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frame was not strong enough to resist the continued stopping and starting of the heavily loaded bed.

Booth did not obtain a patent until 1829, when the names of Jonas Booth, Sr., as well as his five sons, appear on the patent papers. His last presses were probably an improvement on his early ventures. The bed was stationary, which was a step in the right direction. Since Booth seems to disappear from the history of printing presses soon after this time, we may infer that the competition forced him out of business. In all, Booth's business was confined to New York or its vicinity, and it does not appear that he made many presses.

Both Isaac Adams and Otis Tufts, at one time or another, assisted in making Treadwell presses in Phineas Dow's machine shop in Boston. Tufts later established his own shop and made presses himself. Part of Isaac Adams's work was to help set up new presses and make them work properly: he was what is now known as a "trouble shooter." He saw the disadvantages of the Treadwell press and thought about correcting them. His brother Seth was a machinist in Boston, and it was in Seth's shop that Isaac worked out his ideas for a better press. After obtaining a patent in 1830, he put his press on the market. It was a double ended press, with feeders laying on the sheets at both ends. There was but one form and one platen, but the form was stationary so that the press did not have to withstand the shock of the moving bed. Wood was used for the construction of the main frames. Although in appearance it was not a great improvement on Treadwell's or Booth's presses, it was faster and proved its superiority to the older styles. Adams guaranteed a speed of 1000 sheets per hour, but two feeders were required at the press. The original patent model for this press is now on exhibition at the Smithsonian.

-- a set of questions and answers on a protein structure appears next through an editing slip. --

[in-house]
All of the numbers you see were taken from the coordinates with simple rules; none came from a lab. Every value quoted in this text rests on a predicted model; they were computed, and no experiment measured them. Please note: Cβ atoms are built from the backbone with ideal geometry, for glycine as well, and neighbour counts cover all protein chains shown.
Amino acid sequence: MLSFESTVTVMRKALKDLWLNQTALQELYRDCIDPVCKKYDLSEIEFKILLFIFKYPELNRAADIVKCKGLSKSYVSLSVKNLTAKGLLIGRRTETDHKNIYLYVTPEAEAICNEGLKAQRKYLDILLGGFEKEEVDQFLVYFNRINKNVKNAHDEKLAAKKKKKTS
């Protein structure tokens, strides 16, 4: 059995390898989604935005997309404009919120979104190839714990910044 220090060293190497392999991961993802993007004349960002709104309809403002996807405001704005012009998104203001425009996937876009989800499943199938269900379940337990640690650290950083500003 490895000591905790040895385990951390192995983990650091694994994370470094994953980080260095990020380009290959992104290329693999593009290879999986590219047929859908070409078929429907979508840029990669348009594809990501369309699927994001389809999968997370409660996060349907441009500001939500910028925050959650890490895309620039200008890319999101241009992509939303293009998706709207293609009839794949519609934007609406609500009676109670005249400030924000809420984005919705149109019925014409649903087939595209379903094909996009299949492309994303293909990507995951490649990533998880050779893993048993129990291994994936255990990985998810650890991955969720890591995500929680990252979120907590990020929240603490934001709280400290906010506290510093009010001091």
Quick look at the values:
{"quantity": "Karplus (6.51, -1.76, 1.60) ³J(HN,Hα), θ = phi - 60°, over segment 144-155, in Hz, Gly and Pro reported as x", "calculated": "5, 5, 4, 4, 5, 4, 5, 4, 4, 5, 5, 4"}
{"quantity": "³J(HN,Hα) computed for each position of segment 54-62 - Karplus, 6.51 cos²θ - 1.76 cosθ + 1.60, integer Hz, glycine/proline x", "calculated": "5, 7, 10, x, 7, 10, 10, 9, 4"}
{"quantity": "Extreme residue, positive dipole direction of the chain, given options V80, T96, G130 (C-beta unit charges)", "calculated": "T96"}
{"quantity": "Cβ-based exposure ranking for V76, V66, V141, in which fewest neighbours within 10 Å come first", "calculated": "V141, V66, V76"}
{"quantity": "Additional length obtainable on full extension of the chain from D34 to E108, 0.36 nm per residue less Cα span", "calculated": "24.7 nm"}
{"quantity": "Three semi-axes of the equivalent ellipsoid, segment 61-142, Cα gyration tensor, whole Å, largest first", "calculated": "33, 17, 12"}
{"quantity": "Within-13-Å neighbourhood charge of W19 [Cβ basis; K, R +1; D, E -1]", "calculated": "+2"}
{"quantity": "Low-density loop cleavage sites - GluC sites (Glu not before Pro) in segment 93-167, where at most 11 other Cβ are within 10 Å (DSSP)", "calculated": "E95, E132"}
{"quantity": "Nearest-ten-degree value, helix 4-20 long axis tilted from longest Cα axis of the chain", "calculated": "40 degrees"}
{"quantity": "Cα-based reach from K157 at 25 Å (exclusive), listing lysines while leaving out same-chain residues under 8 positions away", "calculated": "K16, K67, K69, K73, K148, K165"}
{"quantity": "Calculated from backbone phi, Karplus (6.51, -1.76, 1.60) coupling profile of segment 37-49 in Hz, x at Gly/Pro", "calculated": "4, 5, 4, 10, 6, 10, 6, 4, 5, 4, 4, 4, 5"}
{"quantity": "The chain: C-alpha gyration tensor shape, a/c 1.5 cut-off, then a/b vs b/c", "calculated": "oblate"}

Shortly after, Tufts produced a somewhat similar press, but of heavier construction and better finish. A few years later he improved it considerably by discarding the wooden frames and using iron throughout, at the same time shortening the length by placing both frisket frames at the same end of the press. One frisket was placed under the other, so that when one was moving in, under the platen, the other was moving out. Two hands, however,